Make us your home page
Instagram

Strong week for economy raises optimism for 2011

WASHINGTON — Buoyed by a string of hopeful government reports on layoffs, factory production and consumer spending, economists are predicting that hiring and even housing will pick up in 2011 and make it a better year, after all.

The reports issued this week, along with a tax-cut plan that Congress is set to pass, point to stronger overall growth next year, experts say.

Growth "has improved as the year is coming to an end," said Mark Zandi, chief economist at Moody's Analytics. "I'm feeling more optimistic that the economic recovery will evolve into a self-sustaining expansion in 2011."

Zandi expects the economy to grow at an annual rate of 3.5 percent in the October-December quarter, up from previous estimates of about 2.5 percent. And for 2011, he and other economists now expect growth at roughly a 4 percent pace, up from earlier forecasts of about 2.7 percent.

With 4 percent growth, the economy would at least be moving closer to the pace of expansion needed to bring down unemployment. Growth of 5 percent is needed for a full year to lower the jobless rate by 1 percentage point.

The nation's unemployment rate is 9.8 percent, and economists expect it will surpass 10 percent again, though maybe only briefly.

The main reason, they say, is that the improving economy will cause more out-of-work people to resume looking for jobs. People out of work aren't counted as unemployed unless they're actively seeking a job. During recessions, some unemployed people become discouraged and give up.

There is reason for more optimism.

On Thursday, the Labor Department reported that 3,000 fewer people applied for first-time unemployment benefits last week. That brought the seasonally adjusted weekly total to 420,000. The four-week average of claims, a less-volatile measure, fell for the sixth straight week to 422,750. It's the lowest level since August 2008, just before the financial crisis intensified with the collapse of Lehman Bros.

When weekly first-time applications for benefits fall below 425,000, the decline tends to signal modest job growth. But economists say applications would need to dip consistently to 375,000 or below to indicate a significant decline in unemployment. Initial applications for benefits peaked during the recession at 651,000 in March 2009.

First-time applications have been declining in the past two months, raising hopes that layoffs are falling and employers are hiring more. So far, though, job gains have been too few to reduce unemployment.

Strong week for economy raises optimism for 2011 12/16/10 [Last modified: Monday, November 7, 2011 1:42pm]
Photo reprints | Article reprints

Copyright: For copyright information, please check with the distributor of this item, Associated Press.
    

Join the discussion: Click to view comments, add yours

Loading...
  1. Wanted: New businesses on Safety Harbor's Main Street

    Local Government

    SAFETY HARBOR — A green grocery store, a hardware store, restaurants, boutiques and multi-use buildings are all wanted downtown, according to discussion at a community redevelopment workshop held last week. And to bring them to the Main Street district, city commissioners, led by Mayor Joe Ayoub, gave City Manager …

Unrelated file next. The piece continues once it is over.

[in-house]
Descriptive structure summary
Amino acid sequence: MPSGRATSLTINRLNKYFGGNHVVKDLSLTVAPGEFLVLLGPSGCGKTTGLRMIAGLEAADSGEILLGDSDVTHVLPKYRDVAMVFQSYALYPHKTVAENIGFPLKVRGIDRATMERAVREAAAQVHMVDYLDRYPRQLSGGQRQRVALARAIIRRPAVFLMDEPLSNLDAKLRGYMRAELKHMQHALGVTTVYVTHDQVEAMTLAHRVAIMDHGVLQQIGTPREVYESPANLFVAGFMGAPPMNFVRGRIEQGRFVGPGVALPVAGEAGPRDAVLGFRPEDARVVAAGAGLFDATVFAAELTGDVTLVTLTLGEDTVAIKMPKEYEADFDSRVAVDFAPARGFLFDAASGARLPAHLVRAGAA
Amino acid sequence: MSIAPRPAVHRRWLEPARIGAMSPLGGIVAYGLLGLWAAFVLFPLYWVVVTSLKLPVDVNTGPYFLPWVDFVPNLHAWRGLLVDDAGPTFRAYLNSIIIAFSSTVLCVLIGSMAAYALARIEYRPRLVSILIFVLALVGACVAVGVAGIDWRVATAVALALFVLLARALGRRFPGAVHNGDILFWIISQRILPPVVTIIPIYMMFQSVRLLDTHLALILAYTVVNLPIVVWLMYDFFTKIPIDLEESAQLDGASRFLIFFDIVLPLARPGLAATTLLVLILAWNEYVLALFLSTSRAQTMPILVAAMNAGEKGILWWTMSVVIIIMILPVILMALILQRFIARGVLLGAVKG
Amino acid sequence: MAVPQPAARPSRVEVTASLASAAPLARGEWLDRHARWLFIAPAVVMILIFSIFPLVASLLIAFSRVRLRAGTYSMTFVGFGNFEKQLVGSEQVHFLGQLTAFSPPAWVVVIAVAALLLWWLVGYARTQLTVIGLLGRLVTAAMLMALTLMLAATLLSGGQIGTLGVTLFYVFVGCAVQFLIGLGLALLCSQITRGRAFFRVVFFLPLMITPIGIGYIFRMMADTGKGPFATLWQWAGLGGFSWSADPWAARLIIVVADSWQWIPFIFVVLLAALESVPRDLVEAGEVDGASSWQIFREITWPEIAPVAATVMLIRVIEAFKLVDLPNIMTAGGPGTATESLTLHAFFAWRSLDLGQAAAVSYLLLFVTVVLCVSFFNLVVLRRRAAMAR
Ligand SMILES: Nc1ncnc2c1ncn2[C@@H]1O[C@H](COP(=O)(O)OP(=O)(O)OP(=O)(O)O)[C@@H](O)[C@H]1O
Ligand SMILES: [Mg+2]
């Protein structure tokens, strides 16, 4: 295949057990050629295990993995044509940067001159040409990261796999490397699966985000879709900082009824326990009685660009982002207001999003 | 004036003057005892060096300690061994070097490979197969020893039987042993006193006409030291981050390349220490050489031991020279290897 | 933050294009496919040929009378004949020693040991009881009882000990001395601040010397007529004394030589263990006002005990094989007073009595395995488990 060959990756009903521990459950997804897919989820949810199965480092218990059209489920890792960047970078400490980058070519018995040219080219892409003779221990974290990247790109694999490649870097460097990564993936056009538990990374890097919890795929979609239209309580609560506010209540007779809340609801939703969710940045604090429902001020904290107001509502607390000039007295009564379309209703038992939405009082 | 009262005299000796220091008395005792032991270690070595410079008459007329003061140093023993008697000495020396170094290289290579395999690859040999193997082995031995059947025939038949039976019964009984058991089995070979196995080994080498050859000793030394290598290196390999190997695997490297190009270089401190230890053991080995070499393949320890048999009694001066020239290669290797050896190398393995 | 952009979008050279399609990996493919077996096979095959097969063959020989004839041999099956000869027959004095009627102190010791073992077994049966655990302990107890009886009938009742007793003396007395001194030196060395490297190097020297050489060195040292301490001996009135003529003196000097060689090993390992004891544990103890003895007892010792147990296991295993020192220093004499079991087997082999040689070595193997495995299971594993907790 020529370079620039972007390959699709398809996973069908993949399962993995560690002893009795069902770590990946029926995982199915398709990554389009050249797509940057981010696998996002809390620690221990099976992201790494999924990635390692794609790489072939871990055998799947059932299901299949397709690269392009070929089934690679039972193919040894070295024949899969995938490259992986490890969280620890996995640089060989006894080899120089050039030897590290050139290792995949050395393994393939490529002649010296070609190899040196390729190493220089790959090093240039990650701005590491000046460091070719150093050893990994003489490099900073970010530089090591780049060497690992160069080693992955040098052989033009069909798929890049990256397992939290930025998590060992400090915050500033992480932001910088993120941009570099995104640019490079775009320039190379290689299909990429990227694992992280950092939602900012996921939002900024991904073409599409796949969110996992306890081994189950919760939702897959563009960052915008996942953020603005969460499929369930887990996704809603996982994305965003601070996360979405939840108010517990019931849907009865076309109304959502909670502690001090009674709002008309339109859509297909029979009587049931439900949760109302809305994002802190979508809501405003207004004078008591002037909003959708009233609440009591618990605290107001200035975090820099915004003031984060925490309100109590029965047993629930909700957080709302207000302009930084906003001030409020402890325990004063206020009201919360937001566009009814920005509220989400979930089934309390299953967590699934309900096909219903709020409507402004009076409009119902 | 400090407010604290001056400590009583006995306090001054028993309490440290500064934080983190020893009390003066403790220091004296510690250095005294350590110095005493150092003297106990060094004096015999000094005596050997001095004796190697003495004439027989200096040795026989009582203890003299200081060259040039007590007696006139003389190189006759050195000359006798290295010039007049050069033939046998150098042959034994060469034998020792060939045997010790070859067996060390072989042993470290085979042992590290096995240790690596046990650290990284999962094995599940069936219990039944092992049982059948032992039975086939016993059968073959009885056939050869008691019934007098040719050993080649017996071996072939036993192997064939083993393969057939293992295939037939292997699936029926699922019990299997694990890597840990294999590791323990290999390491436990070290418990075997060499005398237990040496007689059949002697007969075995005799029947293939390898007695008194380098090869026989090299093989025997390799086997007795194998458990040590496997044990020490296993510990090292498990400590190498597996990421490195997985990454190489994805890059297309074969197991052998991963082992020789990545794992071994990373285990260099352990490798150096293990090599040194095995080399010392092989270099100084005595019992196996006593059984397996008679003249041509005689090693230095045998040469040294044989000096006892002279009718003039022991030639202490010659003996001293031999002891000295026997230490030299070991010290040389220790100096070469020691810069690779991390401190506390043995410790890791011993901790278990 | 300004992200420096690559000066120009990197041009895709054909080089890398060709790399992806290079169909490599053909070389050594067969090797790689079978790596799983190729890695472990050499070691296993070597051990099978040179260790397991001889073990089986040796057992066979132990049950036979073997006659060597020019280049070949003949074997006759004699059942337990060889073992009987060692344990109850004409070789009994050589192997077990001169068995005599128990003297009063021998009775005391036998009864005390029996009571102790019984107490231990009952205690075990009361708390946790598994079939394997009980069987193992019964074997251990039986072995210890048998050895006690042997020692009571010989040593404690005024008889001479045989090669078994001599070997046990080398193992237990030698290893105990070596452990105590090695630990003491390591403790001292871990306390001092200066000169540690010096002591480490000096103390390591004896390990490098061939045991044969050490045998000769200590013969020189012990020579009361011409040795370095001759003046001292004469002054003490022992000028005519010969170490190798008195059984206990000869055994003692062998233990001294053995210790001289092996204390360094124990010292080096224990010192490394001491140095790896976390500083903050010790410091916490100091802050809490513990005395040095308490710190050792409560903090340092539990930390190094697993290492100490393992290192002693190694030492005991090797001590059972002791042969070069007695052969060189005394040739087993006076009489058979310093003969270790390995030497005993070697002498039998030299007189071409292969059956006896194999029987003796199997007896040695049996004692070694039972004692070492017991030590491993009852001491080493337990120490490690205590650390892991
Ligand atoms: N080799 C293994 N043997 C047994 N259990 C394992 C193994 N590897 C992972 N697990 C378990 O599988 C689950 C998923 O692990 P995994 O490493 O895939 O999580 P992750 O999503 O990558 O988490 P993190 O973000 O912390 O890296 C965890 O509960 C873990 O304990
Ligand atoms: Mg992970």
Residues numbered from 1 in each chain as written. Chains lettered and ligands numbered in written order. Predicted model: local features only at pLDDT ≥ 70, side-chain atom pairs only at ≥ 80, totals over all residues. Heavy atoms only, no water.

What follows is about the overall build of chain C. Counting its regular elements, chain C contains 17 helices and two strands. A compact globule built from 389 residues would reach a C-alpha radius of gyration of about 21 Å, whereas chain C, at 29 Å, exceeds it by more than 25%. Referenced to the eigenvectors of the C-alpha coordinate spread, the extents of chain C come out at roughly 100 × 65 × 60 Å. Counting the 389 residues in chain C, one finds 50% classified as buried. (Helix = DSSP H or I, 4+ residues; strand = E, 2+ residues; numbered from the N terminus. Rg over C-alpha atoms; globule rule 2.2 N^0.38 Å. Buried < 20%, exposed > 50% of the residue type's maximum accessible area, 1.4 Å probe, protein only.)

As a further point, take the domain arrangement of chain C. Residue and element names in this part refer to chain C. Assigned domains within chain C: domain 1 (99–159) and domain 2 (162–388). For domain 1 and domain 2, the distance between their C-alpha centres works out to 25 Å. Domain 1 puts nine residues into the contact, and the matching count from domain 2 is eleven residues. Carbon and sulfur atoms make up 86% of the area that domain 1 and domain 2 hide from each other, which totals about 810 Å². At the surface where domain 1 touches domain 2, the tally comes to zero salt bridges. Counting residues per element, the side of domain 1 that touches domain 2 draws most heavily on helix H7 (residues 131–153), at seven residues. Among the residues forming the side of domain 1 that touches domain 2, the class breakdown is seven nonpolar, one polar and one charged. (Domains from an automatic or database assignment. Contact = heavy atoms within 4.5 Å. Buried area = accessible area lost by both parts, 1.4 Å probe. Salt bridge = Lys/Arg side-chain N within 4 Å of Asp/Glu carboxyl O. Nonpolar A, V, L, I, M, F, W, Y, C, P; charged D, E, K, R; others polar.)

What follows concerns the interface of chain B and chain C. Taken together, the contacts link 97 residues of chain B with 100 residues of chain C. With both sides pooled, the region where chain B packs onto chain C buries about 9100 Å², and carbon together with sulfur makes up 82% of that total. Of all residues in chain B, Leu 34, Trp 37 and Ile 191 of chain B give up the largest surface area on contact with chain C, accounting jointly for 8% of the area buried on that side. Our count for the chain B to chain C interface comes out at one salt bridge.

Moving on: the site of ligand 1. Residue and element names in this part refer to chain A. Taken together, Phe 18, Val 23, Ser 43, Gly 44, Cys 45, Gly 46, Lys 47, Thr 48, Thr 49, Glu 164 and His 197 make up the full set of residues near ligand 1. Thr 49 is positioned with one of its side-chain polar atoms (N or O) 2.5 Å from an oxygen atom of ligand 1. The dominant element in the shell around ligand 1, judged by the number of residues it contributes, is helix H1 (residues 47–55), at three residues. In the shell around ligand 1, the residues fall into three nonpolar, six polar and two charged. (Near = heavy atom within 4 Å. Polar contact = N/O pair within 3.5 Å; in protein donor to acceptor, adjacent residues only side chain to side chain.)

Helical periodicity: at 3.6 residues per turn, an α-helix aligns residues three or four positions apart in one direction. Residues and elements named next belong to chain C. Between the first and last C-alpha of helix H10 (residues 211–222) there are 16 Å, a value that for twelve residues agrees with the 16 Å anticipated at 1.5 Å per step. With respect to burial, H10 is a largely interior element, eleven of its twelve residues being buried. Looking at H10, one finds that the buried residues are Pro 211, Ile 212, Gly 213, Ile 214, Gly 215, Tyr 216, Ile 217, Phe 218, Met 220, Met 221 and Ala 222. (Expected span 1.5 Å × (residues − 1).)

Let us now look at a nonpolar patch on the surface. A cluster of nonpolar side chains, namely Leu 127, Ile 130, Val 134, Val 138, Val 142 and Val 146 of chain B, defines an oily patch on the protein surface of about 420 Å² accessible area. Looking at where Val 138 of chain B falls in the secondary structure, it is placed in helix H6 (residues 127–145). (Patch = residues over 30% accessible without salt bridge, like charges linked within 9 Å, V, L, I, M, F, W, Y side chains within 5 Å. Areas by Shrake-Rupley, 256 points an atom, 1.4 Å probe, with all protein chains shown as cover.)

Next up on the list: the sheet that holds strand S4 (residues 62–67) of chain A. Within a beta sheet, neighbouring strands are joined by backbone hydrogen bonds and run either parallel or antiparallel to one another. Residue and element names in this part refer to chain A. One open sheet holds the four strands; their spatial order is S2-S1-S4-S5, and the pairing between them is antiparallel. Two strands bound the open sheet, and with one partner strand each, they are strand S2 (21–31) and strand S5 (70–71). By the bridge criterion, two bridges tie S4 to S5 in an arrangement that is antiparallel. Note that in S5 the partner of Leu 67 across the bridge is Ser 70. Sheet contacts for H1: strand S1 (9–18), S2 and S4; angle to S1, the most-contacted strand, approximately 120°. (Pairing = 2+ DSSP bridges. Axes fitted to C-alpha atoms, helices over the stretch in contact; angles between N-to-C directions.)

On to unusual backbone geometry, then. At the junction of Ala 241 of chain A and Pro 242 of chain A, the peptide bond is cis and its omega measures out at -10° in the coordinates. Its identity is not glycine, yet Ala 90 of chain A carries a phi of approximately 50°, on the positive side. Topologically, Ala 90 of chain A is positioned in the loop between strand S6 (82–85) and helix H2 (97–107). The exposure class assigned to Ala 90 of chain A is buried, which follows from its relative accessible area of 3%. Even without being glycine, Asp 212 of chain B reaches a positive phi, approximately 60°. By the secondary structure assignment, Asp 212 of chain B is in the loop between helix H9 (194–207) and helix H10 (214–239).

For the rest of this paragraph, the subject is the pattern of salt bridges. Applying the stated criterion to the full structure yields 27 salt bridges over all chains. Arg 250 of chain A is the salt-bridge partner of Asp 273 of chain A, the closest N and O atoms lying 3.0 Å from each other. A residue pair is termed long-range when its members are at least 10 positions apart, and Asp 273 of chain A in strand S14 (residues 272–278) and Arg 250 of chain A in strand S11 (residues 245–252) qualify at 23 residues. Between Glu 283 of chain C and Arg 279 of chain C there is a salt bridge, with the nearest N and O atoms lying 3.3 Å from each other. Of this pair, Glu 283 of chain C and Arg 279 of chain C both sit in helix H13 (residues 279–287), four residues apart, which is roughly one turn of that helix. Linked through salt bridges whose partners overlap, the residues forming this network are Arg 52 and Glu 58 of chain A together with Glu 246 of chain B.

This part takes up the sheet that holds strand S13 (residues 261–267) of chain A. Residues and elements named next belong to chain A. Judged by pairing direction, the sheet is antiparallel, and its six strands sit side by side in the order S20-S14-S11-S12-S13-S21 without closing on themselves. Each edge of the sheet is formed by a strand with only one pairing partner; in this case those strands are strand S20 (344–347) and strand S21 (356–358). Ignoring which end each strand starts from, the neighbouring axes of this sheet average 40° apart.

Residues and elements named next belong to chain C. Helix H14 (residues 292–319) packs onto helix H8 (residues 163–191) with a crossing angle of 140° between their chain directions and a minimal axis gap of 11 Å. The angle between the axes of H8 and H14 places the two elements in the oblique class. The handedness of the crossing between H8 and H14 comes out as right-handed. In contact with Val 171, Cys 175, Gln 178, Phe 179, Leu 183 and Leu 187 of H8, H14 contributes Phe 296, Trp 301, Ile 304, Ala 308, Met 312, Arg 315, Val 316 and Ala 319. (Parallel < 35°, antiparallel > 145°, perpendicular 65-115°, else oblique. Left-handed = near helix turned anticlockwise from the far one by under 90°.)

Whistle Stop Bar & Grill is one of the main stops on Main Street in Safety Harbor. [LUIS SANTANA | Times]
  2. Q&A: A business leader and historian jointly delve into Tampa's waterfront

    Business

    TAMPA — As a native of Tampa, Arthur Savage has always had a passion for his hometown's history. And as a third-generation owner and operator of A.R. Savage & Son, a Tampa-based shipping agency, his affinity for his hometown also extends to its local waterways.

    Arthur Savage (left) and Rodney Kite-Powell, co-authors of "Tampa Bay's Waterfront: Its History and Development," stand for a portrait with the bust of James McKay Sr. in downtown Tampa on Wednesday, Aug. 16, 2017. McKay, who passed away in 1876, was a prominent businessman, among other things, in the Tampa area. He was Arthur Savage's great great grandfather. [LOREN ELLIOTT   |   Times]
  3. Tampa's connected-vehicle program looking for volunteers

    Transportation

    TAMPA — Drivers on the Lee Roy Selmon Expressway can save on their monthly toll bill by volunteering to test new technology that will warn them about potential crashes and traffic jams.

    A rendering shows how new technology available through the Tampa-Hillsborough Expressway Authority will warn driver's about crashes, traffic jams, speed decreases and more. THEA is seeking 1,600 volunteers to install the devices, which will display alerts in their review mirrors, as part of an 18-month connected-vehicle pilot.
  4. What Florida's top Republicans are saying about Donald Trump

    State Roundup

    Republicans nationwide are blasting President Donald Trump for how he responded to Charlottesville.

    U.S. President Donald Trump makes a statement on the violence this past weekend in Charlottesville, Virginia at the White House on August 14, 2017 in Washington, DC. Heather Heyer, 32, was killed in Charlottesville when a car allegedly driven by James Alex Fields Jr. barreled into a crowd of counter-protesters following violence at the 'Unite the Right' rally. Two Virginia state police troopers were also killed when their helicopter crashed while covering events on the ground. [Getty Images]
  5. Tampa Bay Lightning, Amalie Arena to host job fair today

    Business

    TAMPA — The Tampa Bay Lightning and its home, Amalie Arena, are hosting a part-time job fair from 3 to 6 p.m. today on the Promenade Level of the arena. Available positions include platinum services, parking attendants, event security, housekeeping, retail and many other departments.

    The Tampa Bay Lightning and AMALIE Arena is hosting a part-time job fair on Thursday, Aug. 17 on the Promenade level of the arena.